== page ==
Please don't misunderstand... I was on the banks of the bayou... she was at home ... I had already called 911 before I called her...she got quite emotional actually... and with my empathetic Zen like nature ... the conversation went something like... "Don't you DARE fall apart on me! ... I don't have time to repeat this! ... "
I'm just a simple man trading a simple plan.
My daddy always said, "Every day above ground is a good day!"
The following user says Thank You to ThatManFromTexas for this post:
Everyone knows the potential rewards of day trading (my definition being, on the shortest practical time frame, 5 minute charts , trading the major support/resistance areas, tops/bottoms with fairly tight stops and fairly large positions. Maybe that equates to a max of 5 trades per day, depending on conditions.):
- multiple opportunities per day
- no overnight risk if you go to all cash at end of day, no gaps down if trading equities
- it's exciting
Here are the potential disadvantages to overcome:
- missed opportunity of riding a big move (this is a big one to me)/taking profits far too early
- more fake out moves
- lots of small cuts losses
- taking a stop loss on a move that 'usually' comes back in your favor, eventually
- more screen time
- more stress
- the opposite on no overnight risk, no overnight reward
I do kind of a hybrid of day trading and longer term holds, where I scale in to weakness at apparent support using multiple time frames and scale out into strength. Right now anyway, I only trade from the long side and I tend to use indexed ETF's -- SPY, QQQ, IWM, IBB, depending on conditions -- so that I can scale in in smaller quantities than I could with the futures. I like IB for this approach since I can buy up to 200 shares for $1 commission.
When the major/panic selling happens, I try and sit on my hands more and wait until the dust settles. Then, I apply non-leveraged futures contracts (usually starting with 1 contract), willing to scale in on more weakness, up to a conservative total. Then, I try and ride this up for a bigger move.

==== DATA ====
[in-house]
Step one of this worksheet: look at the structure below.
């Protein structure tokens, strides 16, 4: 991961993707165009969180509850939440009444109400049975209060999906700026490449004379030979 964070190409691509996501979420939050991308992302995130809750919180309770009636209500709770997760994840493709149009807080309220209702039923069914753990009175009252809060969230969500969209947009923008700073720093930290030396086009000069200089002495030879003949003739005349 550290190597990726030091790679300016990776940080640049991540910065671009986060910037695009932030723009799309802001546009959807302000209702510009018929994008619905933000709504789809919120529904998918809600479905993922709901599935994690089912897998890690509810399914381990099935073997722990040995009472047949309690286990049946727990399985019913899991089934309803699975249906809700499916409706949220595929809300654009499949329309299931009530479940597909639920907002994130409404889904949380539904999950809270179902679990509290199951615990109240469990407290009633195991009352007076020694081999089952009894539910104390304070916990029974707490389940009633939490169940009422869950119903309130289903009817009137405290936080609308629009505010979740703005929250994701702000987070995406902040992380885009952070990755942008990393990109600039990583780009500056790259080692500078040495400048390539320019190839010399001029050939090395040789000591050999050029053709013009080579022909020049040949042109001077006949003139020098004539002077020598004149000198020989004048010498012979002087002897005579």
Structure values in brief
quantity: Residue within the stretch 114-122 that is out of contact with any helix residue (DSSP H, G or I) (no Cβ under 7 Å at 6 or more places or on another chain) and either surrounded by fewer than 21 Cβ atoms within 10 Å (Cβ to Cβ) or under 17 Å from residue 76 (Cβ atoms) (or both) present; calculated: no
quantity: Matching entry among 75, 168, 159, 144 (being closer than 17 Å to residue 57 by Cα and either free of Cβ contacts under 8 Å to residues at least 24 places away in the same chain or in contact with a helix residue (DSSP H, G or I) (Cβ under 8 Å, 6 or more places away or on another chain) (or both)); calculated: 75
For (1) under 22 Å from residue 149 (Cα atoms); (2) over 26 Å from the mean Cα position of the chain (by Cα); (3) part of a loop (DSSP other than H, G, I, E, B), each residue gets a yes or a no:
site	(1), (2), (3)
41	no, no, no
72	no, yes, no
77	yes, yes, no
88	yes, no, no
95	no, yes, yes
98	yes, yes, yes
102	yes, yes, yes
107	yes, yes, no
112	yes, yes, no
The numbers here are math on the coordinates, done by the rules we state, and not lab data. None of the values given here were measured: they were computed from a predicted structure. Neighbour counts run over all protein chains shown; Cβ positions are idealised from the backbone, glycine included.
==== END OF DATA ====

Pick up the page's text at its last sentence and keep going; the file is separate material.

I can't quantify this stuff but it's based on my feel for the markets and 12 years of experience.
I think that when you realize that only about 12% of the Hedge funds have beaten buy/hold on the S&P 500 this year (or most), you know how difficult any type of shorter term trading is, let alone day trading.
But, I also think that someone who is willing to put in a lot of screen time, use indexes, and only trade the more significant top and bottom areas of daily charts, using serious selectivity and rigid stop losses, can do well just day trading, assuming they can get the profit taking part right and let a few runners run.
"The Future Ain't what it used to be"
The following 3 users say Thank You to heywally for this post:
If you are at higher risk for heart attack, it's a good idea to carry a couple aspirin tablets in your wallet or pocket. At the sign of a heart attack, which may include, shortness of breath, chest pain/pressure, arm pain, jaw pain, chew and swallow an aspirin tablet, and call 911. Chewing the aspirin gets it into your blood stream faster.
-No overnight risk.
-No constant following news etc... --Who cares what they do in Europe, at the Fed or company earnings (from a trading perspective at least-- do care about these things but not in regards to my trading)
More comfortable with leveraging.
End of day your done like punching the clock in a 9 to 5. Trading more like a 9 to 4 which is even better--- who cares what happens between 4:00 PM and 9:00 AM